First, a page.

Category Archives: Creative

Jordan Florit’s Assembly Poem

You heard it this morning. Now here it is for you to read.

With exams taking up much of January with many of us involved in one way or another, and now the period over, at least for most, for many of us in the upper sixth, a period of decision making about our future is upon us.

With offers in and choices to make, it’s a very potent realisation that soon I won’t live in Southampton and I won’t be in the house I’ve lived in throughout my time at KES. For me the two things that I find most challenging, is getting over not living in a HOME with family, but living in a HOUSE with strangers and the joys of living on a council estate.

Naturally, I wrote a poem.

House and Home & Suburban Jungle – J. Florit

There’s a fine line between
what used to be the house I lived in
and what used to be my home.

The house I lived in served a purpose,
but was unearthed and worthless;
pieces of brick and loam.

What used to be my home
was a more than functional,
store of the untouchable, memory foam.

So how do I decide
which recollection will preside;
when both of my ideas I have are unbeknown.

One protected me when the rain came down,
and the other reflected me when the pain came around.
One let me lock up and disappear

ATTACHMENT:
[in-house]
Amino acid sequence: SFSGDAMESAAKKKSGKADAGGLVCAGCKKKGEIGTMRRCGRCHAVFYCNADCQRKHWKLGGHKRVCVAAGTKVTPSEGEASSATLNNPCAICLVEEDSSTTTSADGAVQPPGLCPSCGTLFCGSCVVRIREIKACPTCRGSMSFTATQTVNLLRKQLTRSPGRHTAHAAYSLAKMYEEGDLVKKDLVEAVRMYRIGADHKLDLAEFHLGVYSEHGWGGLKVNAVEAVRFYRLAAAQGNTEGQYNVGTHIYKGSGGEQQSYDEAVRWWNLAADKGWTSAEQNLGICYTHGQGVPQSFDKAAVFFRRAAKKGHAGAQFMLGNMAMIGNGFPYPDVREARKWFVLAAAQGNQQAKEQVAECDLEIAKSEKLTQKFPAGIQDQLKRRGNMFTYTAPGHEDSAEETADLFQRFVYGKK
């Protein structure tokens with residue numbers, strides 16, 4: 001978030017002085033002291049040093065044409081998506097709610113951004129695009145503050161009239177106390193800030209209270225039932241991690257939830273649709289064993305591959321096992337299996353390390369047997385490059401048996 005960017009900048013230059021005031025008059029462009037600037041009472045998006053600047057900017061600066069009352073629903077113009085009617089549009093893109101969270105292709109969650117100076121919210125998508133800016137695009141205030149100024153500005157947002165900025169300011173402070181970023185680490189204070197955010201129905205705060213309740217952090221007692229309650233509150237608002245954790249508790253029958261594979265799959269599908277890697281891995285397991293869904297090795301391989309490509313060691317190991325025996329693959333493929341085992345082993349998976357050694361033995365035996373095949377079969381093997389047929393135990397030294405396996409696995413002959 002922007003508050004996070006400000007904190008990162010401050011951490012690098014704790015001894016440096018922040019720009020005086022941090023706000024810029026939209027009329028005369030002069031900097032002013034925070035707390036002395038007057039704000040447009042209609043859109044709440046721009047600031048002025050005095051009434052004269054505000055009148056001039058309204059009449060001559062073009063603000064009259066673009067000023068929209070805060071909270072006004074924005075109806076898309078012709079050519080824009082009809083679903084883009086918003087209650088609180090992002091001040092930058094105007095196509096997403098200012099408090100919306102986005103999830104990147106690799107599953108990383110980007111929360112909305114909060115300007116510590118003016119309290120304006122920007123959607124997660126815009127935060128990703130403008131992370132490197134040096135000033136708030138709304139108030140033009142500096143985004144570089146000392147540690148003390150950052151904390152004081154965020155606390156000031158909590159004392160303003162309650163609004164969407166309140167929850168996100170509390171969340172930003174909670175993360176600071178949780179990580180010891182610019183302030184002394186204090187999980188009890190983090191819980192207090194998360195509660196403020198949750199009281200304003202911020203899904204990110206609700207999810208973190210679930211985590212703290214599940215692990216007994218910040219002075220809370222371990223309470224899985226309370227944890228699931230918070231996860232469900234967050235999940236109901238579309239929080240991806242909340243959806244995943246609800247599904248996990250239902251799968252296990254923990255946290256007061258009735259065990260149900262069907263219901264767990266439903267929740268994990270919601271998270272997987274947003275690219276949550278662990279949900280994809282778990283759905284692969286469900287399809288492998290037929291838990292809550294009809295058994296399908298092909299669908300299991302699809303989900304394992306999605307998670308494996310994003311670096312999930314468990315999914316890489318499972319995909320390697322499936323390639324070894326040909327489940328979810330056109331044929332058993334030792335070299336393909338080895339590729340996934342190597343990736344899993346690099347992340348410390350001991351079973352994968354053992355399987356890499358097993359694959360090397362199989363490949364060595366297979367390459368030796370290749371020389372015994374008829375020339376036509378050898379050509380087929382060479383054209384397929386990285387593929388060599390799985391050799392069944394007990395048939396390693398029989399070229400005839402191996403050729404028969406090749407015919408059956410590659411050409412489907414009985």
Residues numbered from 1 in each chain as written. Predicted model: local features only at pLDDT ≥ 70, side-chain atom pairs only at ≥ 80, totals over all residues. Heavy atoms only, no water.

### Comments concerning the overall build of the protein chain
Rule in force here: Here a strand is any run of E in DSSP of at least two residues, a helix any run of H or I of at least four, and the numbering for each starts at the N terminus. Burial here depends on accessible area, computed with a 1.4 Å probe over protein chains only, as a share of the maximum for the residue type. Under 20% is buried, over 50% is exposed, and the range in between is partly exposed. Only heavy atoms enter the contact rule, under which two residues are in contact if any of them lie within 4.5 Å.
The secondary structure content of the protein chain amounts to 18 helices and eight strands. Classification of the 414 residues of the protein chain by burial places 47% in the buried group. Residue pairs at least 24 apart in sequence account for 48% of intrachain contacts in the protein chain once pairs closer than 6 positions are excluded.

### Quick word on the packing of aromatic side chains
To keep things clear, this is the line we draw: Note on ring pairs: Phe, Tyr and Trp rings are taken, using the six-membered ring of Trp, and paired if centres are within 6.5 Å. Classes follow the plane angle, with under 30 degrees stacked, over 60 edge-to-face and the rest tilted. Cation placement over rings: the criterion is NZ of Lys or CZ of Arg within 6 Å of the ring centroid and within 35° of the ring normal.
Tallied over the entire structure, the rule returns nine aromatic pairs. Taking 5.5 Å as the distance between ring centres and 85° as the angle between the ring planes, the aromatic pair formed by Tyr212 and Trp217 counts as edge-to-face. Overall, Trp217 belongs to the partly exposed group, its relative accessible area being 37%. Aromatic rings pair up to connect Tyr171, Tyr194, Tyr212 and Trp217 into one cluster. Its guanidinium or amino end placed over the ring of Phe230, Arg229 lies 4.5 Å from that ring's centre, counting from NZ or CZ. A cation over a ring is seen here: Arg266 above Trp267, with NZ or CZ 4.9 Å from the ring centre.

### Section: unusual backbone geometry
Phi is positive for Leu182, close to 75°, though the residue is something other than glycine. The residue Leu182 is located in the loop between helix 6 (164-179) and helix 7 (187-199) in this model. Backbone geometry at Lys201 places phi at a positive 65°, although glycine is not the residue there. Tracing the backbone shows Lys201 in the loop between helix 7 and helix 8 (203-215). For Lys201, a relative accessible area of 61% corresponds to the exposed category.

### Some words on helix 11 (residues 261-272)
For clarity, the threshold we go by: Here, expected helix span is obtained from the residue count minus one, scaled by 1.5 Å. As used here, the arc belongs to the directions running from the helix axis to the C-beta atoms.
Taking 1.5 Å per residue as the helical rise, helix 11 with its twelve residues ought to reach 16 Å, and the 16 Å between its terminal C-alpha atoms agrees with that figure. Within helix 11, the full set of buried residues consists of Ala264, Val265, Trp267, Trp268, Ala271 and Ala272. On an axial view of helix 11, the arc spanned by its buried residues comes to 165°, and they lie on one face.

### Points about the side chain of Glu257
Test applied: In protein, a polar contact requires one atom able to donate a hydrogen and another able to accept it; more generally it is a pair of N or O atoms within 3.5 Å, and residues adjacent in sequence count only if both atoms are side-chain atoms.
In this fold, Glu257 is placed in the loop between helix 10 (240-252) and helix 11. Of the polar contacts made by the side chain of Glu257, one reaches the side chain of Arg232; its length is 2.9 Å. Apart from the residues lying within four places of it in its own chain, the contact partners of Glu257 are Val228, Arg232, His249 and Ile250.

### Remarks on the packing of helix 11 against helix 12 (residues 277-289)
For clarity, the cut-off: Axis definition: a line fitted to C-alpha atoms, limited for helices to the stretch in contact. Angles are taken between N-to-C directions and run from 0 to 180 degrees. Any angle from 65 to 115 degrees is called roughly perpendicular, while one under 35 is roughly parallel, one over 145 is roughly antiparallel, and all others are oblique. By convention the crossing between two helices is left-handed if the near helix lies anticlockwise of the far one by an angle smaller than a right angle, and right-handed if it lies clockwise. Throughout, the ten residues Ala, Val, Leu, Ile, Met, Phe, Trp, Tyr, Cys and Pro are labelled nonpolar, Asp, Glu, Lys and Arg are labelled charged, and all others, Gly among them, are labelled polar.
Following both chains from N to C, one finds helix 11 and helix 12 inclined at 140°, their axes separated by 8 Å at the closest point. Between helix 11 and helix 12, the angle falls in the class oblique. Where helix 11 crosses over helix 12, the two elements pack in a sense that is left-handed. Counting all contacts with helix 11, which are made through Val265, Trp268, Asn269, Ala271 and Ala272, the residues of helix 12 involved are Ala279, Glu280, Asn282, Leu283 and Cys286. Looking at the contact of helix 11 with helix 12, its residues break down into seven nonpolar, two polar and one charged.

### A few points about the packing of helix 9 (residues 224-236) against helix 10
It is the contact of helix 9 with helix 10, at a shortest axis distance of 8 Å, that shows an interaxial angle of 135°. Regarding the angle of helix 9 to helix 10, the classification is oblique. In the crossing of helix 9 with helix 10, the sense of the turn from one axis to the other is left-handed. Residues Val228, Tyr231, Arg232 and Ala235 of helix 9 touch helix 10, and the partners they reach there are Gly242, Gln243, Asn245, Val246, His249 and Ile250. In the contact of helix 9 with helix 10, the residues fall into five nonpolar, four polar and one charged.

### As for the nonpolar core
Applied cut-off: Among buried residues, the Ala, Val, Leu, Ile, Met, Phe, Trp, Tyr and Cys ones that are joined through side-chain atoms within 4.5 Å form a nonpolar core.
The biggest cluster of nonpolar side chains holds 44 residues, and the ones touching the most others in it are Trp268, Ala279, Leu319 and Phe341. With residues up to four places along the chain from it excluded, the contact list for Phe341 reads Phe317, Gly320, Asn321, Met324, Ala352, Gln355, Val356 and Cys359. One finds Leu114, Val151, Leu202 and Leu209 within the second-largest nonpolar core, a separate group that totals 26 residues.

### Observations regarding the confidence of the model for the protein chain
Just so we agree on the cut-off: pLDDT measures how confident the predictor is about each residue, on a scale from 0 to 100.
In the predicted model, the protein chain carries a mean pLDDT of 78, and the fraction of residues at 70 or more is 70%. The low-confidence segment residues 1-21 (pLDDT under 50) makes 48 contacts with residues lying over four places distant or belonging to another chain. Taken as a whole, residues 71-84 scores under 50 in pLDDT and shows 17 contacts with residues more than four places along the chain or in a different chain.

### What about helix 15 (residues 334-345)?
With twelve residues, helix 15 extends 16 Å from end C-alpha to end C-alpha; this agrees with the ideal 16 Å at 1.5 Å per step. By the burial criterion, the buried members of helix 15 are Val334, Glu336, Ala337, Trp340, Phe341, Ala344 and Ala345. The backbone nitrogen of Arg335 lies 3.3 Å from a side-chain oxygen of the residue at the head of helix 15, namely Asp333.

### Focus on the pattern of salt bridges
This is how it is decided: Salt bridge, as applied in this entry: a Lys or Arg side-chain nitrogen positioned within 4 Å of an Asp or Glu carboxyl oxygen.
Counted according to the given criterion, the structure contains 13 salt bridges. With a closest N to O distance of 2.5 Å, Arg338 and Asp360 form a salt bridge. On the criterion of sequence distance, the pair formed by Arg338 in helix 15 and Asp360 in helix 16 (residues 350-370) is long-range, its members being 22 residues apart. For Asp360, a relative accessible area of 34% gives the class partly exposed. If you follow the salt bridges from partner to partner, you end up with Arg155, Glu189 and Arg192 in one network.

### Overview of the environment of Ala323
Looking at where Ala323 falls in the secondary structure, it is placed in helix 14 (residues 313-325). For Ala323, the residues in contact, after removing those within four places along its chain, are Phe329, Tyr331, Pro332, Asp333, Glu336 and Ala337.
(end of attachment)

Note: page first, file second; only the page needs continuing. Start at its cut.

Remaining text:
whilst the other let me cock up and caught every tear.

Both let me fall asleep at night,
and woke me at the morning light,
but which account is near?

When I think back
I remember either trips to the haberdashery
or a christmas full of blasphemy
when only ears to young to grasp were safe from all the travesty.

One captured moment of materialistic coherency
or a thousand stories that seem bliss to me.
One has warmth, one has a heater on the blink.
One drowns me in nostalgia where the other has a leaky kitchen sink.

There’s a fine line between the home and house,
a paradox is what amounts,
left with but a path to stride, that path itself the great divide.

But then, outside

A suburban jungle of concrete high rises where nothing surprises
Bare trees resembling carcasses, where youth roam in their disguises
A new language emerges and surges to the forefront of their vocabulary
And animalistic behaviour is the new mentality caged in the constabulary

Most roads become small gulfs and a postcode engulfs their thinking
With territory bringing fights for glory, guns are fired without blinking
Because these kids, are becoming desensitised and misrecognized as men
Cos’ we don’t want to admit the statistics are taking a hold of them

For every tree that falls in the forest another five are planted
But in this suburban jungle the mathematics are slightly slanted
Its more like, for every paper sold another life becomes a figure
In this self fulfilling prophecy of the blade against the trigger

This black and white, this colour spared account accurately depicts it
Where the government failed to do so, cos purely labelling wont fix it
It encourages retaliation to break every rule that’s ever written
And then the kids see it as praise when they earn the title Broken Britain

But it results in empty streets and packed flats of intimidated witnesses
That know they cannot speak a word out of fear of being hitlisted
So instead society becomes the outcast to the endless re-offender